Magazine article American Banker

How a Romney Victory Would Impact the CFPB

Magazine article American Banker

How a Romney Victory Would Impact the CFPB

Article excerpt

Byline: Kate Davidson

WASHINGTON a Although the prospects of eliminating the Consumer Financial Protection Bureau are close to zero, changes to its leadership structure appear increasingly likely if Mitt Romney wins the White House.

What is less clear is what a Republican administration would mean for the agency in the short term.

Republicans have refused to confirm an agency head until reforms are made, a mantra that may make it awkward to send up their own nominee.

But the urgency with which they move ahead depends largely on the agency's director, Richard Cordray, who many expect will ride out the last year of his recess appointment before running for higher office in his home state of Ohio.

"If you're running for office and you want to be a foil against the administration, staying in and being a thorn in their side kind of works to your benefit," said Mark Calabria, the director of financial regulations studies at the Cato Institute, and a former staffer for Republican Sen. Richard Shelby. "There's a lot of reasons to suspect he would not leave."

As a recess appointee, Cordray's term lasts until the end of 2013, rather than the typical five-year term for a Senate-confirmed appointee.

Political appointees often offer to resign when a president of the opposing party is elected so that the new administration has a chance to install their own people.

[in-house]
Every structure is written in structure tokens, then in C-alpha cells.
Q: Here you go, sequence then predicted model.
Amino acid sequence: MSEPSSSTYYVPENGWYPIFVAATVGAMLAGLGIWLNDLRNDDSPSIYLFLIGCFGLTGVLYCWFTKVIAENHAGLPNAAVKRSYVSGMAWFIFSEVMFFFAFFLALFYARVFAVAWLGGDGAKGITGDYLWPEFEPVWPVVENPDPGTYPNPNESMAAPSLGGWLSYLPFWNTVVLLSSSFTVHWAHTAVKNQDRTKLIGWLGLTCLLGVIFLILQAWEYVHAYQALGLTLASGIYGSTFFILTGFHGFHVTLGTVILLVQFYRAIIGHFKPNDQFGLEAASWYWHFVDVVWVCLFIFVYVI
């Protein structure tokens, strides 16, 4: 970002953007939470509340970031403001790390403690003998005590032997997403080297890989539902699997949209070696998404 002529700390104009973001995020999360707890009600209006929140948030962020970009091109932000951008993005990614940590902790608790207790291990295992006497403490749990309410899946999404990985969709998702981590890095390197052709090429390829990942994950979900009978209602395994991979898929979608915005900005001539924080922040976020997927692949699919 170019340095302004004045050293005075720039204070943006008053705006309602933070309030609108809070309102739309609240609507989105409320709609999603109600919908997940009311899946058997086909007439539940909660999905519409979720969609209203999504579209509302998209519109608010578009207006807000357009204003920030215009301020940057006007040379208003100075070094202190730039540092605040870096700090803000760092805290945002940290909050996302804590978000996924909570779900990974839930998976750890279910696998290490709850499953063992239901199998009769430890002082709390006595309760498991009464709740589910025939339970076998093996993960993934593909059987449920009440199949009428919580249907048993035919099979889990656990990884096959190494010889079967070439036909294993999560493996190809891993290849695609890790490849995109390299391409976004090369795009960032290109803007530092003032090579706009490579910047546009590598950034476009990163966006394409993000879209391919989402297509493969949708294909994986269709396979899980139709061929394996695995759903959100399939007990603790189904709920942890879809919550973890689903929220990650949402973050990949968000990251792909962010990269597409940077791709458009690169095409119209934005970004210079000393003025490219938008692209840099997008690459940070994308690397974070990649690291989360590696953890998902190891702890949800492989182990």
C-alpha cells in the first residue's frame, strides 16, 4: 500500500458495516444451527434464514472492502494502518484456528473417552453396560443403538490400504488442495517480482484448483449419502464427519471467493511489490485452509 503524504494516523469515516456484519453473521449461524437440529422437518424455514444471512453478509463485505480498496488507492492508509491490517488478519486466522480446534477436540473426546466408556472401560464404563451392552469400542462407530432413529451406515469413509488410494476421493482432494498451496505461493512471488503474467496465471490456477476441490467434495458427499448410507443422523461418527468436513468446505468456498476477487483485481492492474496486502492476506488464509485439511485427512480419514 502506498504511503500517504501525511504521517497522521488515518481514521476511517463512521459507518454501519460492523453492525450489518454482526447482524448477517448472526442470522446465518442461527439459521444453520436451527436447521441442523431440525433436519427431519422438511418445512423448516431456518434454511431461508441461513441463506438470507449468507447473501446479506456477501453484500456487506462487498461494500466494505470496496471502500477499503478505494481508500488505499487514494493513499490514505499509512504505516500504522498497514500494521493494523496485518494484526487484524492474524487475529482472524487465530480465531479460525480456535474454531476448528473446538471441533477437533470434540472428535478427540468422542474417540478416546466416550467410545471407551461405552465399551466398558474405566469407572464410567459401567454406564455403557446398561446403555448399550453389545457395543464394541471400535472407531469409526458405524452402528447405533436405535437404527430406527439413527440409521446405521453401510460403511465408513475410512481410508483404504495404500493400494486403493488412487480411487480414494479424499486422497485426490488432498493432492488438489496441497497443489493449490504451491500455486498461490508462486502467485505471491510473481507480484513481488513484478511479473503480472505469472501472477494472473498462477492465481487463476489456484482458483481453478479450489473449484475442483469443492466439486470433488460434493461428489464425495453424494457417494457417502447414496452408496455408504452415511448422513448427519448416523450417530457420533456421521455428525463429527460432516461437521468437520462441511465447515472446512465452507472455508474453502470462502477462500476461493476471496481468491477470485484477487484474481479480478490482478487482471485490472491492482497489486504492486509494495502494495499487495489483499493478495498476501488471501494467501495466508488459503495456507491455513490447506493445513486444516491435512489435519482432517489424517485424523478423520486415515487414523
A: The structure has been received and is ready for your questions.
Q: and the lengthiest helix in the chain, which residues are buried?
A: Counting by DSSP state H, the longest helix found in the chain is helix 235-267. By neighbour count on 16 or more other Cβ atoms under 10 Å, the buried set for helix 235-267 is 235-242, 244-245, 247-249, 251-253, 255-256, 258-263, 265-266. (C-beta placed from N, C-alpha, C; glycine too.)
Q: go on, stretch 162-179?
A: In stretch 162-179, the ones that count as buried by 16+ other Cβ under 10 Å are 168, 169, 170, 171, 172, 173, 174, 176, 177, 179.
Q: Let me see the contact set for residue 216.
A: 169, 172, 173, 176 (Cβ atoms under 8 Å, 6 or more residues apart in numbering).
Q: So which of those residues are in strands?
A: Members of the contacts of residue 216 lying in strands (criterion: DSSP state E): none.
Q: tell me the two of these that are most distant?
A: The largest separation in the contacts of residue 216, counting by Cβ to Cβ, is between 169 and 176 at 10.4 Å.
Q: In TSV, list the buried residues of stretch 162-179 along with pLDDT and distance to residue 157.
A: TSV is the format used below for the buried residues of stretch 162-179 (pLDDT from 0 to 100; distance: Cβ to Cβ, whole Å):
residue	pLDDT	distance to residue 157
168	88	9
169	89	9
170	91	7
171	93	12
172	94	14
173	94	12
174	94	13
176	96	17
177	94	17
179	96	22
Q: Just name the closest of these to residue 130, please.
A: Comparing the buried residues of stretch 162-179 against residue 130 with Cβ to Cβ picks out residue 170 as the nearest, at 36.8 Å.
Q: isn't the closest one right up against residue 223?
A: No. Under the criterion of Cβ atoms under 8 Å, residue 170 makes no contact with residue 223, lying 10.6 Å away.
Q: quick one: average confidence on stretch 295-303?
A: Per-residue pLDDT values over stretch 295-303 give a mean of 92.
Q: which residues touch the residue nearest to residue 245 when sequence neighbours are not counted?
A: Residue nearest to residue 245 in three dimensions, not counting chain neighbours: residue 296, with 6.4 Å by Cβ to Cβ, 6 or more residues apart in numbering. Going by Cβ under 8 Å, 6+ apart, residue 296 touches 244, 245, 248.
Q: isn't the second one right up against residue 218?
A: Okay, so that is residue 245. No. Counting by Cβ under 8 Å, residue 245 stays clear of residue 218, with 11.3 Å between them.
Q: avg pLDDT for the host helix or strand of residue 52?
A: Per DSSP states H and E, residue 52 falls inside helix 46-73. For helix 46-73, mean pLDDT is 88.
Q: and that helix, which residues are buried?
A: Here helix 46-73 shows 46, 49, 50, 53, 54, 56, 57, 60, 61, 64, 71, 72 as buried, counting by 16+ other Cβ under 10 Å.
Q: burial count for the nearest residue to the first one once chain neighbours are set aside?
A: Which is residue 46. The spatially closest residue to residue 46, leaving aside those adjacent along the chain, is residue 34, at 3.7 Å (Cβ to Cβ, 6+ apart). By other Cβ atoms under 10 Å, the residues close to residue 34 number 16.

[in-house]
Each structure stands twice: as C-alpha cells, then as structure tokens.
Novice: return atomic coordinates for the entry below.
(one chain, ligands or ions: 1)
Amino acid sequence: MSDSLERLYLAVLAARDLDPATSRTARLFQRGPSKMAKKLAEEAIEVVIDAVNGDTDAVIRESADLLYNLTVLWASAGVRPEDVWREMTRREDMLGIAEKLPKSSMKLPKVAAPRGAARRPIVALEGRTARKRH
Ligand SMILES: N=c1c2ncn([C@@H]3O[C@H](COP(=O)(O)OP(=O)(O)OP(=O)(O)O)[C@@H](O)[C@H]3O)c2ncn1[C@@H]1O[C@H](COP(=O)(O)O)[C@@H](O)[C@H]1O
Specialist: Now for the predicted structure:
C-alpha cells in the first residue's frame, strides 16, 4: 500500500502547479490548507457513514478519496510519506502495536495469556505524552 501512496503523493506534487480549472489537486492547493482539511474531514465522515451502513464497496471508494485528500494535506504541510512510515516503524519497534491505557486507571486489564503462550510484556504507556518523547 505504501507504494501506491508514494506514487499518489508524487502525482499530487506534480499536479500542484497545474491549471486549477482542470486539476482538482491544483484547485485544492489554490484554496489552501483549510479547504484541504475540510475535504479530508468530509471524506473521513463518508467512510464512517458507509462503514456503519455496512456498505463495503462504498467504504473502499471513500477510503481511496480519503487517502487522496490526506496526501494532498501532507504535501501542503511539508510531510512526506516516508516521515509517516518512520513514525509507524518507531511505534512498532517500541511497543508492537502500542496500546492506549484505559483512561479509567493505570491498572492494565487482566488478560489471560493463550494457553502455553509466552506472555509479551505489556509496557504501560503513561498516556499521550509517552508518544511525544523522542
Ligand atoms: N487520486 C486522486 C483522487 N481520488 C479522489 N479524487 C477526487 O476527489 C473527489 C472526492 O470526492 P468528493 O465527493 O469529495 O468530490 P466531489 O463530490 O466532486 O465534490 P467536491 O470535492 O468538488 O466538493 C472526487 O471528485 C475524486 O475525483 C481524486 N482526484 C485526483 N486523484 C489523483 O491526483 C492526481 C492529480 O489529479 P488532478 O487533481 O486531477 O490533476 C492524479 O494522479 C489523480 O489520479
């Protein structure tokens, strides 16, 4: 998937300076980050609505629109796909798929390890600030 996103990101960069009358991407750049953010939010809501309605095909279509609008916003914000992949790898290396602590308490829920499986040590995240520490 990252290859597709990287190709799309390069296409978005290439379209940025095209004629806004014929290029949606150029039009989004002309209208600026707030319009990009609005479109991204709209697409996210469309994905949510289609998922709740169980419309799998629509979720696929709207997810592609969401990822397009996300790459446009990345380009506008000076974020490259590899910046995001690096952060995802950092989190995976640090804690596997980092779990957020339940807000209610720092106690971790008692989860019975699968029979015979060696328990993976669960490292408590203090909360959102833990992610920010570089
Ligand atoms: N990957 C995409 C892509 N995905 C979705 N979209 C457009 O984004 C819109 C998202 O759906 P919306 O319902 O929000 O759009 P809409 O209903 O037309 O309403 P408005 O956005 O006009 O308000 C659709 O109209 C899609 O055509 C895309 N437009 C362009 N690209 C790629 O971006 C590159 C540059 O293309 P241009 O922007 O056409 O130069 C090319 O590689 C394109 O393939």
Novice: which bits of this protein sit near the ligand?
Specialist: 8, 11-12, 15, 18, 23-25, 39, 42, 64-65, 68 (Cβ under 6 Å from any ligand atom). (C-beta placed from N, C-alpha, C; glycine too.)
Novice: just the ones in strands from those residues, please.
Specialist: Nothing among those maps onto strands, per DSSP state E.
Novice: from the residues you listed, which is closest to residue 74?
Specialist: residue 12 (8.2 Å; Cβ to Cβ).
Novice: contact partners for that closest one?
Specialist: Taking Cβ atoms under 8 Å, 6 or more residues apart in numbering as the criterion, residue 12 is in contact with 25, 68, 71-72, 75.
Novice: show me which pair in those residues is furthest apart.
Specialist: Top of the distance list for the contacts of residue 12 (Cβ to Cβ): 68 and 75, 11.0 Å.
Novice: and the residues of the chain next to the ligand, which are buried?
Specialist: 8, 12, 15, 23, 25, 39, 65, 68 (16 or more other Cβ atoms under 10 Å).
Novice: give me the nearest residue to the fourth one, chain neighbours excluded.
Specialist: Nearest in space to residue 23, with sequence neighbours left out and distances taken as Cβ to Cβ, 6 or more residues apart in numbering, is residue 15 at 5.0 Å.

But with Republicans so openly hostile toward the Dodd-Frank Act, and the CFPB in particular, observers said Cordray is likely to stick around.

"I think he has the wherewithal to stay even if it becomes uncomfortable," said Daniel Meade, a partner with Hogan Lovells and former senior counsel for the House Financial Services Committee. "He might even view it as his duty. I doubt that Director Cordray would resign to let a President Romney appoint a new director. I think he'd stick it out as long as the term allowed."

Isaac Boltansky, an analyst at Compass Point Research & Trading, said he expects Cordray to make a move back to Ohio at some stage, however.

"I think he would make the Romney administration make the next move, but ultimately we all know what his next address is go to be: he'll be going back to Columbus," Boltansky said.

Some observers said they don't expect the Romney administration would rush to fill the slot.

The new president would be faced with a slew of open financial regulatory positions, and is likely to be far more focused on filling slots at the Treasury Department, Federal Deposit Insurance Corp. and Securities and Exchange Commission.

In addition, Calabria said, sending up a nominee for the bureau could be viewed as somehow legitimizing an agency of which Republicans remain skeptical.

"It's kind of hard to say we're against the agency and we think it's going to be reformed and we're not going to nominate anybody until it's done," Calabria said. …

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